Avian Species Concepts in the Light of Genomics



What is a species? This seemingly simple question has occupied the minds of numerous biologists and philosophers, resulting in the formulation of many species concepts. From a theoretical point of view, the species problem has been resolved by equating species with independently evolving lineages (i.e. the evolutionary species concept or the general lineage concept). However, the practical issues with describing and delineating species remain. The origin of species is a gradual process that typically requires thousands to millions of years, creating a grey zone of species delimitation in which taxonomy is often controversial. To account for this, an integrative taxonomy has been proposed in which different taxonomic concepts and methods are integrated in the delimitation of species. In this chapter, I argue that genomics provides another line of evidence in this pluralistic approach to species classification. Indeed, genomic data can be combined with classical species criteria, such as diagnosability, phylogeny and reproductive isolation. First, genomic data can provide an extra diagnostic feature in species delimitation. Compared to ‘old-school’ genetic markers, the use of genome-wide markers leads to a significant rise in statistical power. Second, phylogenomic analyses can resolve the evolutionary relationships within rapidly diverging or hybridizing groups of species while taking into account gene tree discordance. Third, genomic data can be used to pinpoint the genetic basis of reproductive isolation and provide a detailed description of the speciation process. All in all, the genomic era will supply avian taxonomists with a new tool box that can be applied to old concepts, leading to better informed decisions in cataloguing biodiversity.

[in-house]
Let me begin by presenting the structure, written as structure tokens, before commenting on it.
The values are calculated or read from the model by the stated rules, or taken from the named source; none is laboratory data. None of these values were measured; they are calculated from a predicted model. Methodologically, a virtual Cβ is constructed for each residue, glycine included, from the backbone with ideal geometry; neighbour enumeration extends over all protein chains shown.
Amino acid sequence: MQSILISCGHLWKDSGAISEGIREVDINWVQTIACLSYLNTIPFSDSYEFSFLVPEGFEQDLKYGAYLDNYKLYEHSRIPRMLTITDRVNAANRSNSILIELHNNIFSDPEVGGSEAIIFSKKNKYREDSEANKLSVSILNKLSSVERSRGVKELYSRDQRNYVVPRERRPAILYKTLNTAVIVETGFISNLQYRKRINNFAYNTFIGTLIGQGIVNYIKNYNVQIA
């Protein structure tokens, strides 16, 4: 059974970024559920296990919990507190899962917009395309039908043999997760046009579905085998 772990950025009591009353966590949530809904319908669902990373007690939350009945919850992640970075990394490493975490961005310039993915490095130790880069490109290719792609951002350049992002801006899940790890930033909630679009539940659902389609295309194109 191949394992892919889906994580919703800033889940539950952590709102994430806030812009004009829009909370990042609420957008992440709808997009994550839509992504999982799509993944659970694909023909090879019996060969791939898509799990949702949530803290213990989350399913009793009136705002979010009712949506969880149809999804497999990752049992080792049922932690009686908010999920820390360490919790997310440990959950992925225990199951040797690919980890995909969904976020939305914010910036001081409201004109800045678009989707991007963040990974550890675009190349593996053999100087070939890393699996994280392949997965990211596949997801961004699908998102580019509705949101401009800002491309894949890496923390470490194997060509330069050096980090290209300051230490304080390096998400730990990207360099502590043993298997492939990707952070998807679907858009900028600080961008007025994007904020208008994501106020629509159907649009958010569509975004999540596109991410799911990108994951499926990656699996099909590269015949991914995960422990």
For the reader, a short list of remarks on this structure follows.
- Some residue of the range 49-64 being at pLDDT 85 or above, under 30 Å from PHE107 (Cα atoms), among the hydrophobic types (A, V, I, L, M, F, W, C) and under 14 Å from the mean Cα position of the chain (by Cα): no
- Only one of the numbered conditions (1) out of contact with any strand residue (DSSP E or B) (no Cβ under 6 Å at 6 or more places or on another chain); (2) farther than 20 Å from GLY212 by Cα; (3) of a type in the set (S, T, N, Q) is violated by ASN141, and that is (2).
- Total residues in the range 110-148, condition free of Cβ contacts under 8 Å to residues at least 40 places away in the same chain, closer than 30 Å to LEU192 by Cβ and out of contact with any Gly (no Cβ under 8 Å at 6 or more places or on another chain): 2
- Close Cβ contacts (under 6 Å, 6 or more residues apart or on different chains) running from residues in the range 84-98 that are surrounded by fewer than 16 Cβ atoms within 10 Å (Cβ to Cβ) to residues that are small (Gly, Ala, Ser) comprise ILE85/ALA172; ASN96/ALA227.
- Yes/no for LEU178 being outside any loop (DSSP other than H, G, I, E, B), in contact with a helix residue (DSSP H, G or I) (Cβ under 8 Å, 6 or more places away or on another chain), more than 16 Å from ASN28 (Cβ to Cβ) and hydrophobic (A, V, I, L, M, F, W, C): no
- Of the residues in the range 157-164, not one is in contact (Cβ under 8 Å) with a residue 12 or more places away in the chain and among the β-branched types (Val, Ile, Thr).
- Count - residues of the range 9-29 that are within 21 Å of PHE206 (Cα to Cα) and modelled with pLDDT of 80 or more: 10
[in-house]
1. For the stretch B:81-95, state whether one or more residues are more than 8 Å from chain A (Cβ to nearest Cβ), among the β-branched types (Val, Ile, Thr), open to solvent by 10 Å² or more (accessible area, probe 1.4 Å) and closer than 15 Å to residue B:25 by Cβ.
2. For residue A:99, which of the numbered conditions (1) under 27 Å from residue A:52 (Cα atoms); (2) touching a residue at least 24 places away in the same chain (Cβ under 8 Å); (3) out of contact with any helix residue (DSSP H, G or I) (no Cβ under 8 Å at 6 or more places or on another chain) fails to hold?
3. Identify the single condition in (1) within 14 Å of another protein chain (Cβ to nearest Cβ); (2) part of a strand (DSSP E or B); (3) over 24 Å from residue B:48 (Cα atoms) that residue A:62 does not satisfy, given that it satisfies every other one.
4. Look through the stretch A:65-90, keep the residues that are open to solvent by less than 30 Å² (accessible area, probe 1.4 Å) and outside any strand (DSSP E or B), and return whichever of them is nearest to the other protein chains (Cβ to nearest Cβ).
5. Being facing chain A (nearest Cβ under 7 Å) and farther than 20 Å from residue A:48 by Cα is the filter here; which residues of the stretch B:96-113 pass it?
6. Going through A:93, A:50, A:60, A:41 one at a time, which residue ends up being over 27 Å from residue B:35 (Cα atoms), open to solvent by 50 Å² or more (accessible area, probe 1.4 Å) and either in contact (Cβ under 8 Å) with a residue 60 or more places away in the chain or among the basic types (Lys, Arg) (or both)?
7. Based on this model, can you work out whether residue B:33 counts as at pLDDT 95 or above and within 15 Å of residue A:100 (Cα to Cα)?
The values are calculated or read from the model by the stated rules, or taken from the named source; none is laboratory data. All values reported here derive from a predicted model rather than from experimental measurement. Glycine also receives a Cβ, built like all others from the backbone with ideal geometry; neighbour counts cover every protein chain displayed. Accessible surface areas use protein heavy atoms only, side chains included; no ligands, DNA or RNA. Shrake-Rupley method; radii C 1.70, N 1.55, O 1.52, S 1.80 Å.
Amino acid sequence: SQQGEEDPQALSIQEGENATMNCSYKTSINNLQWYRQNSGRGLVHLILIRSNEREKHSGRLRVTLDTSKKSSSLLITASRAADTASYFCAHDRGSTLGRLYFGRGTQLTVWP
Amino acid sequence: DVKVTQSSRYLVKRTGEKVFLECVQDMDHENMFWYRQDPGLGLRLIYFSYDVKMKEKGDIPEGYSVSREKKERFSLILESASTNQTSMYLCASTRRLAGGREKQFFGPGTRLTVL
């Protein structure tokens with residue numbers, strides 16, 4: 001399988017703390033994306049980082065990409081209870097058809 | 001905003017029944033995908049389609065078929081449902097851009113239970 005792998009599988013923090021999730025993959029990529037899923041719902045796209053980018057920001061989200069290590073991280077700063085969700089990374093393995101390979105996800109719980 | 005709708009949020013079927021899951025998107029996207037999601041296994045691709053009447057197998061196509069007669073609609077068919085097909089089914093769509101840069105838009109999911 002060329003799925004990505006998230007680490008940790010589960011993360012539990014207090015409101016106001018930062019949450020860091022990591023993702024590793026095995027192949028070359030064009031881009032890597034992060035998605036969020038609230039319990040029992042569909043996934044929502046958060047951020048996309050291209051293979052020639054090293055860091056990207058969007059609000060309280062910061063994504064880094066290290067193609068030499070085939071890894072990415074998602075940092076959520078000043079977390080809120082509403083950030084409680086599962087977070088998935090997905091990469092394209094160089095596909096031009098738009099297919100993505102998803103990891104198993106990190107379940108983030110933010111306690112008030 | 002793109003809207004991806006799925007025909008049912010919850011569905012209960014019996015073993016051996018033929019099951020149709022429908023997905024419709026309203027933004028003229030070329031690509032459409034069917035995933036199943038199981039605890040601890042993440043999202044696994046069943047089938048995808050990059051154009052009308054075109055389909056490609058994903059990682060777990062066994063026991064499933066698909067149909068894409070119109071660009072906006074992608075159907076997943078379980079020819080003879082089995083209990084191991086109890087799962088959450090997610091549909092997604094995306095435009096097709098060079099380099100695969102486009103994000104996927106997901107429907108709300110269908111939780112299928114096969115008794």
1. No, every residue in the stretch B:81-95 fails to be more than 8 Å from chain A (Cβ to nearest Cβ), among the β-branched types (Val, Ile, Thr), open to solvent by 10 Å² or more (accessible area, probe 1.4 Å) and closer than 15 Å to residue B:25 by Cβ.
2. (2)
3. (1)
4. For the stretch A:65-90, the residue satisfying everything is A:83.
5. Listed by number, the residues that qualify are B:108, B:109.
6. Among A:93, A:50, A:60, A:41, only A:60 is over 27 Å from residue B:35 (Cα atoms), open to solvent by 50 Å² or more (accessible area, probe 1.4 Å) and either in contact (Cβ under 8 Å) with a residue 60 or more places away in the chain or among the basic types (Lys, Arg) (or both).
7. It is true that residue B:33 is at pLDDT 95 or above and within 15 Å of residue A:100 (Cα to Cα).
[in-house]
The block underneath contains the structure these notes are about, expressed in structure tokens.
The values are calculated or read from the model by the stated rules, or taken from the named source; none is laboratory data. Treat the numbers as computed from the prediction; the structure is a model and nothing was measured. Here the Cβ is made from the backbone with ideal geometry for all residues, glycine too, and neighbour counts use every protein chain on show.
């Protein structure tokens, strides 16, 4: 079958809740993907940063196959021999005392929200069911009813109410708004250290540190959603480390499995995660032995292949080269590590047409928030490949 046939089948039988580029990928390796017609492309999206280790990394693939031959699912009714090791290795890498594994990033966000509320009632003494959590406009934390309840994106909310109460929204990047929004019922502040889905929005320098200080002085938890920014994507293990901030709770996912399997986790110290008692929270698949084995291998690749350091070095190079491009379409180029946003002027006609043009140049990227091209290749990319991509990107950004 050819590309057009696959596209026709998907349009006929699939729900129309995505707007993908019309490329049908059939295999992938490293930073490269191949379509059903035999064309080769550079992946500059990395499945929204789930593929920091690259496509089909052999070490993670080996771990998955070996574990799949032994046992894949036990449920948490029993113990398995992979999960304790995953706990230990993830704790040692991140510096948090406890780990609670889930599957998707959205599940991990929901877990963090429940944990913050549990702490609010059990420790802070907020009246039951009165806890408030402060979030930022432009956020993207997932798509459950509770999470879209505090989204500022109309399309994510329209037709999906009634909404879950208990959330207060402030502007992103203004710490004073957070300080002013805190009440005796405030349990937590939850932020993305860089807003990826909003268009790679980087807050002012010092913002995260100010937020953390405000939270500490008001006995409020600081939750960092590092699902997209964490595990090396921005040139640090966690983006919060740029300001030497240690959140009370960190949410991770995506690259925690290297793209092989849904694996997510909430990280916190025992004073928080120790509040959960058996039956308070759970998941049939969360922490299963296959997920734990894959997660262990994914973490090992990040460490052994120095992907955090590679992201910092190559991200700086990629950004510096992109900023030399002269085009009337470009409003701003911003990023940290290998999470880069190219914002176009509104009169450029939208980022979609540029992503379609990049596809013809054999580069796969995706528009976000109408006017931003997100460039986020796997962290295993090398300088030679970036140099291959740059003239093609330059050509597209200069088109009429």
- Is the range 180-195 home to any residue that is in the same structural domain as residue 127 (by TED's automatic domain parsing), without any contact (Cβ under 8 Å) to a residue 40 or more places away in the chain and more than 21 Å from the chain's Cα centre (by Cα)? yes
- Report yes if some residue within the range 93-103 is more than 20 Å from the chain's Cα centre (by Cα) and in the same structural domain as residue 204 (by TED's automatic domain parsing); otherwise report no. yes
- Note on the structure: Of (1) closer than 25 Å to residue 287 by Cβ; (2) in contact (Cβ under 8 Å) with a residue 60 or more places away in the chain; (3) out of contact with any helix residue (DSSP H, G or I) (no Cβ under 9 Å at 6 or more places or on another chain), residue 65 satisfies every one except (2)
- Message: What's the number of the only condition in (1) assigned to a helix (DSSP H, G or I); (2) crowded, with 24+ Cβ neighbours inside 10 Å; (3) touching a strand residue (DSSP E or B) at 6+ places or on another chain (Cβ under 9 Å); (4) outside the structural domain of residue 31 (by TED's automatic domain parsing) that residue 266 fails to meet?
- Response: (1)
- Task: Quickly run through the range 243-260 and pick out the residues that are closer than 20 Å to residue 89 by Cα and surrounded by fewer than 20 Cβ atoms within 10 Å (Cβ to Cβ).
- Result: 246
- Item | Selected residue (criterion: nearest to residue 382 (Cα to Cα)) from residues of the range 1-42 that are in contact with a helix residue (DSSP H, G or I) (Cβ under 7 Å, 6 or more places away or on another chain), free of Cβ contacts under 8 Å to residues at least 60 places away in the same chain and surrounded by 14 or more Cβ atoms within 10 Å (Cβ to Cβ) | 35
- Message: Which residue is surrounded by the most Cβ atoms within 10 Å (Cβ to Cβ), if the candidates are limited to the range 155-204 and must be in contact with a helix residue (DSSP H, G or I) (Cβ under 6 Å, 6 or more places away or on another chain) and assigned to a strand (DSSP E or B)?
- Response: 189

Distinguishability General lineage concept Hybridization Integrative taxonomy Introgression Phylogenomics Reproductive isolation Speciation Species delimitation Tobias criteria 



I would like to thank Robert Kraus for giving me the opportunity to write this chapter and share my ideas on the role of genomics in avian taxonomy. These ideas are based on a chapter from my PhD thesis on hybridization in geese. I am grateful to my supervisors—Herbert Prins, Ron Ydenberg, Pim van Hooft, Sip van Wieren, Hendrik-Jan Megens and Martien Groenen—for letting me explore and develop these concepts during my PhD at Wageningen University (the Netherlands). Finally, I would like to thank two anonymous reviewers whose comments and suggestions have greatly improved this chapter.


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Authors and Affiliations

  1. 1.Department of Evolutionary BiologyUppsala UniversityUppsalaSweden

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